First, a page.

Ports and Terminals

First Ship Propeller Made by 3D Printing

First Ship Propeller Made by 3D Printing
Logistics Manager

RAMLAB has manufactured the world’s very first 3D-printed ship’s propeller, which successfully passes all requisite quality tests. Having completed the prototype, the lab will continue with the development of a second propeller that will actually be installed on a tugboat in the near future.

The propeller, which weighs 400 kilograms and has a 1.30-metre diameter, forms a milestone in on-going efforts to master this relatively young technology. “A metal printer adds the material layer by layer, which means that the end result’s characteristics differ from those of a conventionally cast ship’s propeller,” says Kees Custers, who works as a project engineer at Damen’s R&D department. “The propeller was printed with a nickel, aluminium and bronze alloy.”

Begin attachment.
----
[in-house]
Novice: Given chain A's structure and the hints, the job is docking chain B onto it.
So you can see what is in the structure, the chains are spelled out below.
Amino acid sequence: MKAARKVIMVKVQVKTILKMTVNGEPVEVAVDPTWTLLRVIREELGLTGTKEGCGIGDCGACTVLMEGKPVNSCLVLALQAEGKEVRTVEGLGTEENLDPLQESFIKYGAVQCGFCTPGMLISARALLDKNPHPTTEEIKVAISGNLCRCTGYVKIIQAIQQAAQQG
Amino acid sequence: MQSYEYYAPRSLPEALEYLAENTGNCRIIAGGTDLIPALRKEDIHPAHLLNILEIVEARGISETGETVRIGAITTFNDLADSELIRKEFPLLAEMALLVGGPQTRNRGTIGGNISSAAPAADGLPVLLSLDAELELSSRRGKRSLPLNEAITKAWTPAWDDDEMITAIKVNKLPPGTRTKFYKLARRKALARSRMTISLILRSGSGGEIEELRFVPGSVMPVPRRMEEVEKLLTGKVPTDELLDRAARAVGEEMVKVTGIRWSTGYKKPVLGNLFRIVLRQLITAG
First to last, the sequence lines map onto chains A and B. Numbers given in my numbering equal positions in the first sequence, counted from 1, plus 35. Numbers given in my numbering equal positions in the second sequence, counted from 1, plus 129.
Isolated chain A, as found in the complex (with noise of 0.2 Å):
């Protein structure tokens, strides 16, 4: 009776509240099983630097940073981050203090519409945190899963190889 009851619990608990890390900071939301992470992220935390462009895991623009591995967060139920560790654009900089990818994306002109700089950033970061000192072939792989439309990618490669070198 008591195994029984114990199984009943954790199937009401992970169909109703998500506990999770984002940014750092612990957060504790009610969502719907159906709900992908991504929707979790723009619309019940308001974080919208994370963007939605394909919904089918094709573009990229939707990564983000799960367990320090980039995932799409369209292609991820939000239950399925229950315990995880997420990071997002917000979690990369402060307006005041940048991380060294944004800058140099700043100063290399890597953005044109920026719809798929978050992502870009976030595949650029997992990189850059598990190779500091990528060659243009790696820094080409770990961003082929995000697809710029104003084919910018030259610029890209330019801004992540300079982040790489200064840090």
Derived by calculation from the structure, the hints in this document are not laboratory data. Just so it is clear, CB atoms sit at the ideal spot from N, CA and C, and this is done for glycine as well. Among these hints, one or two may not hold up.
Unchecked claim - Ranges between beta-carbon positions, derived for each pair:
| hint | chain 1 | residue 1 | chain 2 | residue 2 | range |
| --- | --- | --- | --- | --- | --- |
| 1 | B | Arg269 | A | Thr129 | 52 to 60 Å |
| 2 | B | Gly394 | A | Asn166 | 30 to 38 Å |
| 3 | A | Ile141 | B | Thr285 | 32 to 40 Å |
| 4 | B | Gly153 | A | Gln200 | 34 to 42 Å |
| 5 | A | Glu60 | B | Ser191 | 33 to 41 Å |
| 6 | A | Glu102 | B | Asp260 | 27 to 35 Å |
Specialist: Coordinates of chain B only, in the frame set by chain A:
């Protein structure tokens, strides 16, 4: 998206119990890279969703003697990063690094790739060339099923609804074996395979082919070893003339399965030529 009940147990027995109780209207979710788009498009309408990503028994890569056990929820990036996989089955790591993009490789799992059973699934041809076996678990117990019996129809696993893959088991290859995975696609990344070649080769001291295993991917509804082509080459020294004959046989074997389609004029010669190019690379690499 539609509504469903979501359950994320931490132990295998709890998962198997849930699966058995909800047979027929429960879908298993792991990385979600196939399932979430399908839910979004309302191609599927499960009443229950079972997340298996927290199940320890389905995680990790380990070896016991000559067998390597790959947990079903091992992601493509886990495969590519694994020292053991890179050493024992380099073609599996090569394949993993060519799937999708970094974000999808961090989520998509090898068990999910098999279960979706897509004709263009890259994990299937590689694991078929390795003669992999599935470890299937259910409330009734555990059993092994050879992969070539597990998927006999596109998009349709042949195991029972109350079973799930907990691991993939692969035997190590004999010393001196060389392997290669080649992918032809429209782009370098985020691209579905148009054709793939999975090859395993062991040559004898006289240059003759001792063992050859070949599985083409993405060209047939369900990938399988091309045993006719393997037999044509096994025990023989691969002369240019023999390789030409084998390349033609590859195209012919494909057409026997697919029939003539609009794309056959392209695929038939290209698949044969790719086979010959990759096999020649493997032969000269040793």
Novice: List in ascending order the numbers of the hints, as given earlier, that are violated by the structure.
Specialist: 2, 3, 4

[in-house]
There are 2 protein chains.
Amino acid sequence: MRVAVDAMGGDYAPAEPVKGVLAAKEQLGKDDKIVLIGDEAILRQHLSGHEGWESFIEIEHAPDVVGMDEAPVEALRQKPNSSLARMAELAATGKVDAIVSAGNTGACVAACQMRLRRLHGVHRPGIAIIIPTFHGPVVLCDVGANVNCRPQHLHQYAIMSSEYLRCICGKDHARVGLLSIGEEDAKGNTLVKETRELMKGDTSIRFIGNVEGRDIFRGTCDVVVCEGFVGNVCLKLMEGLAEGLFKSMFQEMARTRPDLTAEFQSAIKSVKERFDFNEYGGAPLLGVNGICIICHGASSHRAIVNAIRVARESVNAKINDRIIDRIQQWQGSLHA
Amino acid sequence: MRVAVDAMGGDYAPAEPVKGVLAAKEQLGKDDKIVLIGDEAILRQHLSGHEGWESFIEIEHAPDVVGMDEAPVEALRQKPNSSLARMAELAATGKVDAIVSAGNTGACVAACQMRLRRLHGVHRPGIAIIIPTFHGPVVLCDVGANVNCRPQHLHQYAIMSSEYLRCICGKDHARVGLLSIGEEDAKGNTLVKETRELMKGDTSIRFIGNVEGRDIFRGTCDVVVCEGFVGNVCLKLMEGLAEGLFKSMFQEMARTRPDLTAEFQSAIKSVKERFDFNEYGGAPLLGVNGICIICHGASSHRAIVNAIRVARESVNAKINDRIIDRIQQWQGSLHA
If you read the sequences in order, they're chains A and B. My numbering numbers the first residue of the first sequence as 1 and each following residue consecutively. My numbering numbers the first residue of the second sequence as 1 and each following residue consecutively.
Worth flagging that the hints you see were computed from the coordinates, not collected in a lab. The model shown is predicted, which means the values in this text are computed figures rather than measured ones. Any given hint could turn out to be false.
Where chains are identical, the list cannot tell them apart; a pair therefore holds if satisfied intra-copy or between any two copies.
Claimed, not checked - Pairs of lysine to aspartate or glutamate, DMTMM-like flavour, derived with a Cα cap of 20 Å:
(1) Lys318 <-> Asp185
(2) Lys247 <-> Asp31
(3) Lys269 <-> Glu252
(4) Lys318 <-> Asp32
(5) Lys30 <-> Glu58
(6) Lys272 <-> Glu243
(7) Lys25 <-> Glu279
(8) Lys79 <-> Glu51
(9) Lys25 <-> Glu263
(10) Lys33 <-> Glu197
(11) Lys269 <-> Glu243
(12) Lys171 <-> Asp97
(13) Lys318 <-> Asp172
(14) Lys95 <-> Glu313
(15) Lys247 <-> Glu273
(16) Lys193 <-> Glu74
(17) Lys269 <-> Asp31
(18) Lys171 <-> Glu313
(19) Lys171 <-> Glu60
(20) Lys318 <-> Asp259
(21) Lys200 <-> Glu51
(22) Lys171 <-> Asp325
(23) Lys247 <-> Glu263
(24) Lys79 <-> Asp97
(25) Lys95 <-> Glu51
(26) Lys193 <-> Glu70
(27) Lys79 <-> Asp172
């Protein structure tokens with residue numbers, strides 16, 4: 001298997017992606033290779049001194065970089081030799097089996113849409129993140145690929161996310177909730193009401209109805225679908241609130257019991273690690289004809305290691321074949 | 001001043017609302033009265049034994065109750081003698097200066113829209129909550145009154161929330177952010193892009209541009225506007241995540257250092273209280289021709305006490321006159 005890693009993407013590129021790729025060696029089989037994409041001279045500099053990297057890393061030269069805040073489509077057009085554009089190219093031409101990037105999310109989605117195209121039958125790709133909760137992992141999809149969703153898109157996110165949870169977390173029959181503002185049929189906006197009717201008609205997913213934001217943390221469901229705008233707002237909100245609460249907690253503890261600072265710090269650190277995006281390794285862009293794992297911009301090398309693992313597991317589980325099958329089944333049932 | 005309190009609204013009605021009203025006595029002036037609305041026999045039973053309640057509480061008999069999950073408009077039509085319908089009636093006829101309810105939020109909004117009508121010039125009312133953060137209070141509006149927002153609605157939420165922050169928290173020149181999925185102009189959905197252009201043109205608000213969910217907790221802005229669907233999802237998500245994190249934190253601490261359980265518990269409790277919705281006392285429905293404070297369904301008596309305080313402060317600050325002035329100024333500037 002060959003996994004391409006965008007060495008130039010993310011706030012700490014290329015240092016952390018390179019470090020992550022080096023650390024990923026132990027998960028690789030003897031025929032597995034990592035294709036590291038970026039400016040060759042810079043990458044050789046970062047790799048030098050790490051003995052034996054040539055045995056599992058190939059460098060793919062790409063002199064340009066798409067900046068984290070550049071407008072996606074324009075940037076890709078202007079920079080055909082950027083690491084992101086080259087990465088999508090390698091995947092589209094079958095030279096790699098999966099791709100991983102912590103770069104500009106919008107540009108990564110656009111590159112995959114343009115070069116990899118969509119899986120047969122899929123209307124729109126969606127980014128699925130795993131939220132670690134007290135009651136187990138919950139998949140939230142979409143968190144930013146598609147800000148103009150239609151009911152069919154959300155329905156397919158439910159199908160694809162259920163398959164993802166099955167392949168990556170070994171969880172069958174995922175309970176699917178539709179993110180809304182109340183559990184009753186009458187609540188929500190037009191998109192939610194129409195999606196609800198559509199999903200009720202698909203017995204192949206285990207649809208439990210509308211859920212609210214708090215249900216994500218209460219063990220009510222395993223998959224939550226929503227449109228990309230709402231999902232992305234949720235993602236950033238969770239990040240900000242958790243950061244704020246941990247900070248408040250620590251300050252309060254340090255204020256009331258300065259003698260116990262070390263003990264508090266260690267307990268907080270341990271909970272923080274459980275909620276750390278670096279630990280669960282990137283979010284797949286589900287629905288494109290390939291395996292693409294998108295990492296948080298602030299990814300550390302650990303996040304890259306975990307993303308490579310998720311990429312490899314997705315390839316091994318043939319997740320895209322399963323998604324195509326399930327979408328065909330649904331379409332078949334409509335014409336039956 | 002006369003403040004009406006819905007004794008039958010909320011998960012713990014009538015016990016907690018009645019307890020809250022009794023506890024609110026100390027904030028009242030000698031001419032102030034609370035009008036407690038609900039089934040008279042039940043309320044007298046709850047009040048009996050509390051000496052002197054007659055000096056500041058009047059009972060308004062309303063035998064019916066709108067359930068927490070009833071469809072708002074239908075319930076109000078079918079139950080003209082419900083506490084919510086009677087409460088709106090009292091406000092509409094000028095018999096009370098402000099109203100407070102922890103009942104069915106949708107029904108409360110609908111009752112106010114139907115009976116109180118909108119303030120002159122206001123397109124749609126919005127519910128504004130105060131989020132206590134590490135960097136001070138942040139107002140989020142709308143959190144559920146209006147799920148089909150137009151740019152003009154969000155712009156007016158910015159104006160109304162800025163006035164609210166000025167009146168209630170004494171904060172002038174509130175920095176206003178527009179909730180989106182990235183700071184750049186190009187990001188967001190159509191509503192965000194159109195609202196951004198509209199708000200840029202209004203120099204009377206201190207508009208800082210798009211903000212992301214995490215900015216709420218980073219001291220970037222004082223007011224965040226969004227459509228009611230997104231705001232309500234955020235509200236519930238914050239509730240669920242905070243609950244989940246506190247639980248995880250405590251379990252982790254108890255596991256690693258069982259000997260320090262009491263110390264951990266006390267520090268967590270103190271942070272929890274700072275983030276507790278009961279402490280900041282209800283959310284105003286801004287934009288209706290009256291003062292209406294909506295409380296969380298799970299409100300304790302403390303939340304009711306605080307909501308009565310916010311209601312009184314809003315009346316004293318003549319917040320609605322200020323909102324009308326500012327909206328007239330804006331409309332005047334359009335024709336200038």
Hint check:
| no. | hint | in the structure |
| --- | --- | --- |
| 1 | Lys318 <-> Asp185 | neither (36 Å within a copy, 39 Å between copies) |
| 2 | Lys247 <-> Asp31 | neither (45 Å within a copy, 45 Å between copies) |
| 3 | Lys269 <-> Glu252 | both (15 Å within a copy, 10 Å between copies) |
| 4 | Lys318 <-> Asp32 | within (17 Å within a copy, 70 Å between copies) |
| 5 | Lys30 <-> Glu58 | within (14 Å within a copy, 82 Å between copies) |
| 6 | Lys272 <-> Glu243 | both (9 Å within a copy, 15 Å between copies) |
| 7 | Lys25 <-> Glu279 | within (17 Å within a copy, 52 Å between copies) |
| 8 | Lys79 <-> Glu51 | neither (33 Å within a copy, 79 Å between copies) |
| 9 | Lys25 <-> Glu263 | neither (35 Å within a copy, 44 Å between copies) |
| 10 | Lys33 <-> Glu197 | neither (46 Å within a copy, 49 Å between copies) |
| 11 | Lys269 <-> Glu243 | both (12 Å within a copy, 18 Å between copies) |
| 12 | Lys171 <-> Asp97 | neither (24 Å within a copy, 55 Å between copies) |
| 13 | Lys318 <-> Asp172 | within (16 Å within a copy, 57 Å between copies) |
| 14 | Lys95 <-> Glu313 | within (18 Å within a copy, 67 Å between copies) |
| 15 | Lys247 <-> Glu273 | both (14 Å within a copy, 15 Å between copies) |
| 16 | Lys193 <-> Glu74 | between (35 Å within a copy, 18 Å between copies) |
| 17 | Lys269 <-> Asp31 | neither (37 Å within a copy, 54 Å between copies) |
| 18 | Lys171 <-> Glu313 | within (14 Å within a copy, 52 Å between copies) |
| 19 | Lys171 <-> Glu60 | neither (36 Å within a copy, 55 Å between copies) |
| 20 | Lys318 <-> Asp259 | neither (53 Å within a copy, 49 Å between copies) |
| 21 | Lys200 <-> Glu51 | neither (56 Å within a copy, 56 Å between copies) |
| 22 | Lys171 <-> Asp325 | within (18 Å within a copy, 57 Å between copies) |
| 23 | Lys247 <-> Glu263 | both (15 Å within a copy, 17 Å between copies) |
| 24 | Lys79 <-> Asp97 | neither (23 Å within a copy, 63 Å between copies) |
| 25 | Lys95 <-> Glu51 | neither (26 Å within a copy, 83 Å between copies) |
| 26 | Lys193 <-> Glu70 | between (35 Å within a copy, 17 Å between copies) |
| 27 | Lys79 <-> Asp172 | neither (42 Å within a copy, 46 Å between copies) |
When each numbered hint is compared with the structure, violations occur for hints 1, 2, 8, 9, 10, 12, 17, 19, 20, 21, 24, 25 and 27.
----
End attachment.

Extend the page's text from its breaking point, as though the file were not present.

The Rotterdam Additive Manufacturing LAB (RAMLAB) is the first 3D printing field lab that specifically caters to the port-related sector. In the future, RAMLAB aims to be able to produce replacement parts in a matter of days with the aid of 3D metal printers (in a process also known as additive manufacturing). At present, a replacement part often takes months to fabricate. RAMLABG, which is located at RDM Rotterdam, is an initiative of the Port of Rotterdam Authority, InnovationQuarter and RDM Makerspace.

 

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